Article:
Production Service Network, the eponymous worldwide production service company, recently hosted a discussion with key producers during AICP week; focusing on the trials and tribulations of shooting overseas and how they approach it in partnership with PSN.
In this interview, PSN in conversation with Shelby Ross, EP at Sibling Rivalry; Dave Saltzman, EP and partner at M ss ng P eces; and Nic Barnes, senior content producer at The Mill+, dug out some not-home truths straight from the production trenches...
Click here for the full unedited panel.
Panelists from left to right: Nic Burrows, Michael Moffett,Shelby Ross and Dave Saltzman
Q> Why do brands so frequently want to leave their ‘home’ countries to shoot abroad?
Dave Saltzman> For us, we’ve had the opportunity to work with global brands such as Google and Starbucks who have really wanted to show off their deep international understanding - highlighting how broad they are as a brand and how connected they are to their local and global communities.
Q> The 2018 PSN survey ‘What Matters Most Shooting Overseas’, showed that creatives are more often drawn to shooting in unique locations. How can production companies make that a reality?
Shelby Ross> The biggest conversations are about budget, talent and brief. How far does the client want to travel? We could recommend a Romanian solution, a Mexico City solution, or, at the end of the day we might just shot in Minnesota because it’s the client’s backyard. We weigh those options all the time and we try to offer the best budget for each option. We want to identify the smart solutions, appealing to the cost consultant whilst also speaking to the client and the job at stake. Creatively or budgetarily, we always have to ask what other reasons are there to make the project viable.
Dave Saltzman> There are realities to travelling around the globe; timewise, consumption-wise if you’re conscientious about the planet, and logistical considerations regarding the product. It’s not only about money or talent - I think people forget that sometimes.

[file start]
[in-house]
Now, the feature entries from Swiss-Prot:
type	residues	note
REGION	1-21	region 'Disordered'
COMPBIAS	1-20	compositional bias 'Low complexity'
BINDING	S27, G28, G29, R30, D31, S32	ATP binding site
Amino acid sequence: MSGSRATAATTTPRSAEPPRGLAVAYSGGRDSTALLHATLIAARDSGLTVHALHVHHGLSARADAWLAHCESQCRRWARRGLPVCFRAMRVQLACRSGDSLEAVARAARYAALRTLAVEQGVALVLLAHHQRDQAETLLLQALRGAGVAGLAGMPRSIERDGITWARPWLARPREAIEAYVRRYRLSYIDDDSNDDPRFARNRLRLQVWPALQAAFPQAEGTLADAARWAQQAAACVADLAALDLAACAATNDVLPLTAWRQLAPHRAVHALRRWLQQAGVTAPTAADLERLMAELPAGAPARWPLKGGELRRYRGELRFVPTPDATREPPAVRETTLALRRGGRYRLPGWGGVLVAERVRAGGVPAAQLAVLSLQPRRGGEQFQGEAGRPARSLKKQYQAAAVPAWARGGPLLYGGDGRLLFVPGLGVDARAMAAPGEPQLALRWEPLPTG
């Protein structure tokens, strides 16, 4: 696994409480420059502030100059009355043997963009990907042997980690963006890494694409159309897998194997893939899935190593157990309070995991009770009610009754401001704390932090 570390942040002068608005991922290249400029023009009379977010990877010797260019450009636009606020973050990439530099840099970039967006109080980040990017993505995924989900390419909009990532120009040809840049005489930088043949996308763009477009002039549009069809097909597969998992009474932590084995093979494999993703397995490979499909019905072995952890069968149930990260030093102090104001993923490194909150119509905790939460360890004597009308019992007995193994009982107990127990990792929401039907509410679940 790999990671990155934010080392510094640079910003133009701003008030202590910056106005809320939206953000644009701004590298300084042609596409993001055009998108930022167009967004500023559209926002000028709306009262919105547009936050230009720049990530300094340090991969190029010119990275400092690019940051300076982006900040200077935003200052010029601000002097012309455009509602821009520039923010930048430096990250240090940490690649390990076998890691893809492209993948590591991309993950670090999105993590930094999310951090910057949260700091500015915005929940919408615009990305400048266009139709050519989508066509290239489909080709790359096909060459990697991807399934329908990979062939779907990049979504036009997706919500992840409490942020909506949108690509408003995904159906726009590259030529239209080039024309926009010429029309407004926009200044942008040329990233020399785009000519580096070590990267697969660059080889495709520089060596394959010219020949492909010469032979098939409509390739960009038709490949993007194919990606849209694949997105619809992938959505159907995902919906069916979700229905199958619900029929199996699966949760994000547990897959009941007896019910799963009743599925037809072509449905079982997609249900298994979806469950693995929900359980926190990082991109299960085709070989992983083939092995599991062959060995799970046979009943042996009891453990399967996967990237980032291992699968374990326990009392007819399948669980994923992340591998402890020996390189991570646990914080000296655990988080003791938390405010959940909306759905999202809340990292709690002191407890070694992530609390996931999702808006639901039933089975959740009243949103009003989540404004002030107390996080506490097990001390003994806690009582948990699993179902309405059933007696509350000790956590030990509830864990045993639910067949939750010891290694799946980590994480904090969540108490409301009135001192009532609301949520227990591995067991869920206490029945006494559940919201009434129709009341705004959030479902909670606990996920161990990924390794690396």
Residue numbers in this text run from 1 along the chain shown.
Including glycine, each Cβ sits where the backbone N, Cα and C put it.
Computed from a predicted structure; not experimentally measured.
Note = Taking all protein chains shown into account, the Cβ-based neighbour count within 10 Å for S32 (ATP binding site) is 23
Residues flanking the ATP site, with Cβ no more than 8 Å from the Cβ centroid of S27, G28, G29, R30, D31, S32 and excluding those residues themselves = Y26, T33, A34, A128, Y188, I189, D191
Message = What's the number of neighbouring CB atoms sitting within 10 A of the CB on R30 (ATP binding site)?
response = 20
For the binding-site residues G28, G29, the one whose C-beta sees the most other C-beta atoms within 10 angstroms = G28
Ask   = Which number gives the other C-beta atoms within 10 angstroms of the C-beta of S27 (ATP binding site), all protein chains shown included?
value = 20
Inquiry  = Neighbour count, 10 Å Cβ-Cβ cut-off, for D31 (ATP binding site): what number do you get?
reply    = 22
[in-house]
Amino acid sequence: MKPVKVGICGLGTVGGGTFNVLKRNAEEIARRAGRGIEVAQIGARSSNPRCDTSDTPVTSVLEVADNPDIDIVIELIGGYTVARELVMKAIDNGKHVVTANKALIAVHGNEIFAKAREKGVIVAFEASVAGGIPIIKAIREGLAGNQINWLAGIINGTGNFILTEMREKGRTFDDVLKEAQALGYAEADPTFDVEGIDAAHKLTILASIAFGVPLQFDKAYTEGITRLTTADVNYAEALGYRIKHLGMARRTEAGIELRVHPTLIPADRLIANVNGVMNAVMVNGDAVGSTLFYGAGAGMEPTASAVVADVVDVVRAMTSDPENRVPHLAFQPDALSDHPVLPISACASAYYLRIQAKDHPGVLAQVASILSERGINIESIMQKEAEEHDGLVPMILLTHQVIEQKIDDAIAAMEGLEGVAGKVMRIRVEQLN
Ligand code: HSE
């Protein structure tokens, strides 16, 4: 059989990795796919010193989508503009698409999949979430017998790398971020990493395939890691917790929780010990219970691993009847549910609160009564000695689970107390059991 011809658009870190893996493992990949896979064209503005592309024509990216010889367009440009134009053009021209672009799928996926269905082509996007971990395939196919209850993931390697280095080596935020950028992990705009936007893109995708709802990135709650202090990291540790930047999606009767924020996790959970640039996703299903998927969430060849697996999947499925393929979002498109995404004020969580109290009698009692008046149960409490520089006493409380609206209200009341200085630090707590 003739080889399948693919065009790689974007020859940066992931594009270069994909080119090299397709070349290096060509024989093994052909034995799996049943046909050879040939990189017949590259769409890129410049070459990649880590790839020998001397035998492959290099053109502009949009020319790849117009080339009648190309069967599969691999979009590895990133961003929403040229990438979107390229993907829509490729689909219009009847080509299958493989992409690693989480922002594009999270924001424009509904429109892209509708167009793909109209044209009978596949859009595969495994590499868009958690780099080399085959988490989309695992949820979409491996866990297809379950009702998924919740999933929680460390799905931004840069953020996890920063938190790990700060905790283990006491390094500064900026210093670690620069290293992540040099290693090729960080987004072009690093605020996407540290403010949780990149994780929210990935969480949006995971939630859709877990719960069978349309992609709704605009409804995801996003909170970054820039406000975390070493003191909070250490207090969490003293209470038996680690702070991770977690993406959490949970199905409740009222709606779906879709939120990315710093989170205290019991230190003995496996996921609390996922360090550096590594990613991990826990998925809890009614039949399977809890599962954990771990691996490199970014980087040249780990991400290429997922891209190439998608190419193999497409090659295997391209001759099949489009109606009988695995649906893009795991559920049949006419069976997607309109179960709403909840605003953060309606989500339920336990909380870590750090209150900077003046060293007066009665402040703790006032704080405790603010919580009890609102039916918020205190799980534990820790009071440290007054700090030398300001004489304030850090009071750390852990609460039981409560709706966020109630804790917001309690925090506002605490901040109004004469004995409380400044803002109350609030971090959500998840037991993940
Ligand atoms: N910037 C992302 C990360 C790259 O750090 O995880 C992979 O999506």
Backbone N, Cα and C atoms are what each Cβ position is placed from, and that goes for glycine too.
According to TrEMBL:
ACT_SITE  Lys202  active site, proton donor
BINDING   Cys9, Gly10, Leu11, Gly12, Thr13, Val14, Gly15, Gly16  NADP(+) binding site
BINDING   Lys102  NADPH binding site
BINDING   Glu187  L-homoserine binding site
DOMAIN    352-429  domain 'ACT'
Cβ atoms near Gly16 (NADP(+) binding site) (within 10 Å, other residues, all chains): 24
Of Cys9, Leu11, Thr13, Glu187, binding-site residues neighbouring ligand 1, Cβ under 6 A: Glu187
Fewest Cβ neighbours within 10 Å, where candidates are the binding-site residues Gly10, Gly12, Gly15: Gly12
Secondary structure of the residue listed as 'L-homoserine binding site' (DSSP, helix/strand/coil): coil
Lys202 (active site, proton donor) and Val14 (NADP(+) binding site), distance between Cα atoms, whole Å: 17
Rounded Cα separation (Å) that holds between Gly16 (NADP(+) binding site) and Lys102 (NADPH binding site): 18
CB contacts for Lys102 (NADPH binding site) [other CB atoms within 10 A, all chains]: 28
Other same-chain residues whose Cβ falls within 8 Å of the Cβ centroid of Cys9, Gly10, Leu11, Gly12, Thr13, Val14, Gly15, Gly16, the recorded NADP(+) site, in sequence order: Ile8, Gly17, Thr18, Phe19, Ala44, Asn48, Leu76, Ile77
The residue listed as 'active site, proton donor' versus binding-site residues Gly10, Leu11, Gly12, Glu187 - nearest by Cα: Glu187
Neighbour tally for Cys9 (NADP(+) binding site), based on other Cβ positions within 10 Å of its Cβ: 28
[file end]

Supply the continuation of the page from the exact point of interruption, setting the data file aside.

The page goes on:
Q> Shooting in far flung places, really does require extensive pre-knowledge of the area and support from local resources. How does partnering with PSN help you achieve this and avoid certain risks?
Shelby Ross> The word ‘network’ really does mean something in PSN’s case. I think the question you’ve solved for a lot of people is how we find reliable, pre-vetted sources that we can just pick up the phone and carry on a conversation like they’re family.
Nic Barnes> The risks are very real. We recently shot in Morocco and because of the volume of projects shooting there at the moment, resources fell through at the last minute - the local support we had confirmed chose to take the 30 day long shoot instead, and they didn’t really care because the chances of working together again is slim.
Q> Shelby, you recently wrapped a global project in partnership with PSN partners - can you tell us a little about the job?
Shelby Ross> Yes, we did 55 days in 15 countries. It was a travel, prep, shoot, travel, prep, shoot kind of thing. Having pre-vetted partners in places we've never been to, really was the saving grace.
Q> How do you communicate the reality of shoots to clients to make sure there’s no unpleasant surprises?
Nic Barnes> Most clients and agencies appreciate the transparency. If there are going to be difficult times ahead, such as location moves or holidays, a lot of people will take that on board. For example, no one wants to be working through the US holidays and they don’t really expect people to do it in other countries either. So, I think that most of the time people appreciate the transparency and you can usually find a workaround.
Dave Saltzman> As long as it’s said in the right way, you can say whatever you have to say. But you have to choose your words wisely…
For the complete and unedited panel moderated by AICP Board Member and PSN Production Liaison Carolyn Hill, please click here. Click here for a look at PSN Partner TVC work filmed worldwide.